Just about three years ago when I let my nursing license expire, I knew I was at the end of the profession I’d practiced for forty-two years. It was time, and I was ready, having spent increasing amounts of time and focus on writing for the last two of those four decades. Since then, though, I’ve learned there’s truth to the expression –
So much has changed in health care since I entered the field, that I can’t say, “I know too much,” but there’s a certain amount of base knowledge about the body and its systems that has stayed with me. It’s that background my son wanted to tap when he learned he would have to have surgery to repair a severed tendon in his big toe.
“Mom, could you come stay with us for a while when I have the surgery?” he asked the day the doctor set the schedule for the operation. “Come stay” means Chicago, with Matthew, his wife Jenn, and their one-year-old, Maggie. “Might be nice to have someone here with a medical background.”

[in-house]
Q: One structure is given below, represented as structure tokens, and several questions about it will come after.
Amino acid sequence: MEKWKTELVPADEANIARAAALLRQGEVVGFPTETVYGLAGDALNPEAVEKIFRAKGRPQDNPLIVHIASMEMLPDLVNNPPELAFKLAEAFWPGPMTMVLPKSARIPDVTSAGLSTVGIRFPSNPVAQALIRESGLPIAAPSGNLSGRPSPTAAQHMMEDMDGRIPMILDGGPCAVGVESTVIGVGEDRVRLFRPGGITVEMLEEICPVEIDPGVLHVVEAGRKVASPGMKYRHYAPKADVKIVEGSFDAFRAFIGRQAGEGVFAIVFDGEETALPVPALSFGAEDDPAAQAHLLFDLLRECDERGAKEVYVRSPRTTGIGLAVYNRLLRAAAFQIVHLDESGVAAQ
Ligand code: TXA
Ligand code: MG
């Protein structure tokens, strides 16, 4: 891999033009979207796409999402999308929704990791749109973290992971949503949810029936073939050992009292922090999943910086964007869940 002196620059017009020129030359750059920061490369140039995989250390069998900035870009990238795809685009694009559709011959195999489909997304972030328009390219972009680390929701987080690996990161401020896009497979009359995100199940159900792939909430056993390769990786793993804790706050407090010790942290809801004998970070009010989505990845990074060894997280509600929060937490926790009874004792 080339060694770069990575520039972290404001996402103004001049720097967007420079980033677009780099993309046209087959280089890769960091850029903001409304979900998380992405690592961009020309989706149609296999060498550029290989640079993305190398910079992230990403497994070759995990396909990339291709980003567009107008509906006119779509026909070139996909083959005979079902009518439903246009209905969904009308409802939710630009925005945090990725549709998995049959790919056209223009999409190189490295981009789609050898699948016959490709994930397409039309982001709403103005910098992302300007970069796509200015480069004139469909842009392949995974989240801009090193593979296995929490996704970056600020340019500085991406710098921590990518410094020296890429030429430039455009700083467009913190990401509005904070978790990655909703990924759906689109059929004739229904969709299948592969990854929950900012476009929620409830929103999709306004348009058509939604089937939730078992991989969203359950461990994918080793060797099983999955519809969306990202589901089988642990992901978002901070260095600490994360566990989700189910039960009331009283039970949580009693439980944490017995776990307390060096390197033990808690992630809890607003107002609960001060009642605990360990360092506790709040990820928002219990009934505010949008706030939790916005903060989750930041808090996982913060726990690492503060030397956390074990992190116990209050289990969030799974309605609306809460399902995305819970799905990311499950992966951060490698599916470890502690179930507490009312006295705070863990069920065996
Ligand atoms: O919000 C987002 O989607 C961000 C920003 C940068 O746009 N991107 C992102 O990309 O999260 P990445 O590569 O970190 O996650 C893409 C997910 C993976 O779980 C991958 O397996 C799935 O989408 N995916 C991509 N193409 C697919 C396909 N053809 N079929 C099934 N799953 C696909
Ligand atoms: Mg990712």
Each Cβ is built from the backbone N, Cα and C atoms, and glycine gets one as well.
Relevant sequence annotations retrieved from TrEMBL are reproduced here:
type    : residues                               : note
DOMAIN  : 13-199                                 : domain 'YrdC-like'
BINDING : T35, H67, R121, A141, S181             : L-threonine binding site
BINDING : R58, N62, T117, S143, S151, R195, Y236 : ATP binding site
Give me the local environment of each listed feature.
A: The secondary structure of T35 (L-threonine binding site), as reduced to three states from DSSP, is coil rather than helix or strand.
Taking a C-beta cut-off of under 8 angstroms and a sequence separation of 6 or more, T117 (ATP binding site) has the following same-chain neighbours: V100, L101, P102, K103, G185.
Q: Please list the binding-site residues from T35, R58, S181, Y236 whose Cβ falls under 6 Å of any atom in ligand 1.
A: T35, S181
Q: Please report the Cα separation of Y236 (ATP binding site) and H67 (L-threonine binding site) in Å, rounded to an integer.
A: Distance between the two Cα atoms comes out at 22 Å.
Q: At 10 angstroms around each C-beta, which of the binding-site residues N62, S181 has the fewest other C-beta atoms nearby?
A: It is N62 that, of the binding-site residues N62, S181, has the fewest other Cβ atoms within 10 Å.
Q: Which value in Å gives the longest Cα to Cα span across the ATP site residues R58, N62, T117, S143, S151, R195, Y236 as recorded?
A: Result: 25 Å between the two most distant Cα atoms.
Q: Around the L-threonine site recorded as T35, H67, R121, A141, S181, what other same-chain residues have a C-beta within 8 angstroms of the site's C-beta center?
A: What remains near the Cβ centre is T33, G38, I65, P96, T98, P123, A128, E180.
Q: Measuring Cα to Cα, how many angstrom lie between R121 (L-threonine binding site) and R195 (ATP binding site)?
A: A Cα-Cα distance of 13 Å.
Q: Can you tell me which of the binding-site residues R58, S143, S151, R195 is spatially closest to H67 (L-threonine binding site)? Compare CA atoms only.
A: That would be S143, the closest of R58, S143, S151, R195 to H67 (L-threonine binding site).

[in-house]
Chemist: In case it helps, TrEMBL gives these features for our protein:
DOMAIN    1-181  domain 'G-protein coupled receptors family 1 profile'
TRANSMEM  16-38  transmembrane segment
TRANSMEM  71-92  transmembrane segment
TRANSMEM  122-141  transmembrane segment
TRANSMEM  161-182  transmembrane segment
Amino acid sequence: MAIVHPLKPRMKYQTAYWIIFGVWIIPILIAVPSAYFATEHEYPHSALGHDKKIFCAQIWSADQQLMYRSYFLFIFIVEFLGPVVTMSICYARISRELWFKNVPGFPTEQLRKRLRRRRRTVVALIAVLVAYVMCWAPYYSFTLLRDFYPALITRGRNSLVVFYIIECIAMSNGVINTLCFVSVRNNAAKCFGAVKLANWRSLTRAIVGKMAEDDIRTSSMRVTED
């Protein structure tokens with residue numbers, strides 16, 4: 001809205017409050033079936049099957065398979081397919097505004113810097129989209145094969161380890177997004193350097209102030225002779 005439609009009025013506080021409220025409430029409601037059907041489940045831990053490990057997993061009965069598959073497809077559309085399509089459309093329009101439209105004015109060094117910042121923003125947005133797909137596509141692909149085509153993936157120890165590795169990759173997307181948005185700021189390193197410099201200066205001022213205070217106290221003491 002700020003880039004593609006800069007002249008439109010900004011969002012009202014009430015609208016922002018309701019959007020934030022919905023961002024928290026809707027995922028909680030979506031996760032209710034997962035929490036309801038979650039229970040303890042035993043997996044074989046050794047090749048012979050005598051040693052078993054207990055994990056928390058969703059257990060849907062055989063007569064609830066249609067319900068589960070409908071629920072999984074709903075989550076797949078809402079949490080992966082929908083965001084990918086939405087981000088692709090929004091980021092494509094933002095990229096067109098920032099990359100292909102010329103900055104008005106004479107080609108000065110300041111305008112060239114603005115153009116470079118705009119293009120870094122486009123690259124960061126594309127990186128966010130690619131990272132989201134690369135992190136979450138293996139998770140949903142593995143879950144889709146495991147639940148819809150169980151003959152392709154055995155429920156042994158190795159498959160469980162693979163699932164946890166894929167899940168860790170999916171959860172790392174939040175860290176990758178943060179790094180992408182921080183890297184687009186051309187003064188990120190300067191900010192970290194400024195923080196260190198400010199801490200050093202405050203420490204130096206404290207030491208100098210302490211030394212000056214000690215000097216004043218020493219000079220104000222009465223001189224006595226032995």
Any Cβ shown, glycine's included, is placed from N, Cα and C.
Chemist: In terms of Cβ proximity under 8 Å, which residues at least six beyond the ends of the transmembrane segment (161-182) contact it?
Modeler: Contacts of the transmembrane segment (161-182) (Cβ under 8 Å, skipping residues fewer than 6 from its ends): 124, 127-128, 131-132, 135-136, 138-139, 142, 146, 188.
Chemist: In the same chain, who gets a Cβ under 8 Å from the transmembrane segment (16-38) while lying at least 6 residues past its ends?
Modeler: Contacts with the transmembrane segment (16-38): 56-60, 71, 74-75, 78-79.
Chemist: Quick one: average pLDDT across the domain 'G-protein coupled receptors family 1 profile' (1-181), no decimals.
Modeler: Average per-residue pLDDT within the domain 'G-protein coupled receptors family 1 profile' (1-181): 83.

Last week, I spent two days trying to get to O’Hare International Airport; flights were canceled and delayed due to ice. I finally arrived at the kids’ apartment just about an hour before they returned from the hospital. Matthew hopped into the living room on his left foot, the right one swaddled in white gauze and protected by a knee-high boot.
It’s now five days post-op, and the patient (and family) are doing well. I dusted off old skills of checking the surgery site for swelling, redness, and drainage; recommended a circuit for Matthew to crutch around the apartment to avoid a blood clot in the leg; monitored his pain; helped prop his foot above heart level; and delivered antibiotic, probiotic, baby aspirin, and pain medication to his bedside. It feels good to provide this care—especially when my adult son asked me to make him a “PB & J sandwich.”
In between the nursing care, there’s meal prep, cleanup, and best of all, care of Maggie to help this young family manage with a laid-up dad and husband. One friend suggested there needs to be a “Grandma Action Figure,” and another sent me a photo. That feels good, too.
Tomorrow I’ll take my son to an appointment with the surgeon (assuming we don’t get snowed or frozen in – tomorrow’s forecast is for temperatures around 2 degrees during the day).
We’ll see how well this nurse with the expired license has done helping Matthew’s healing.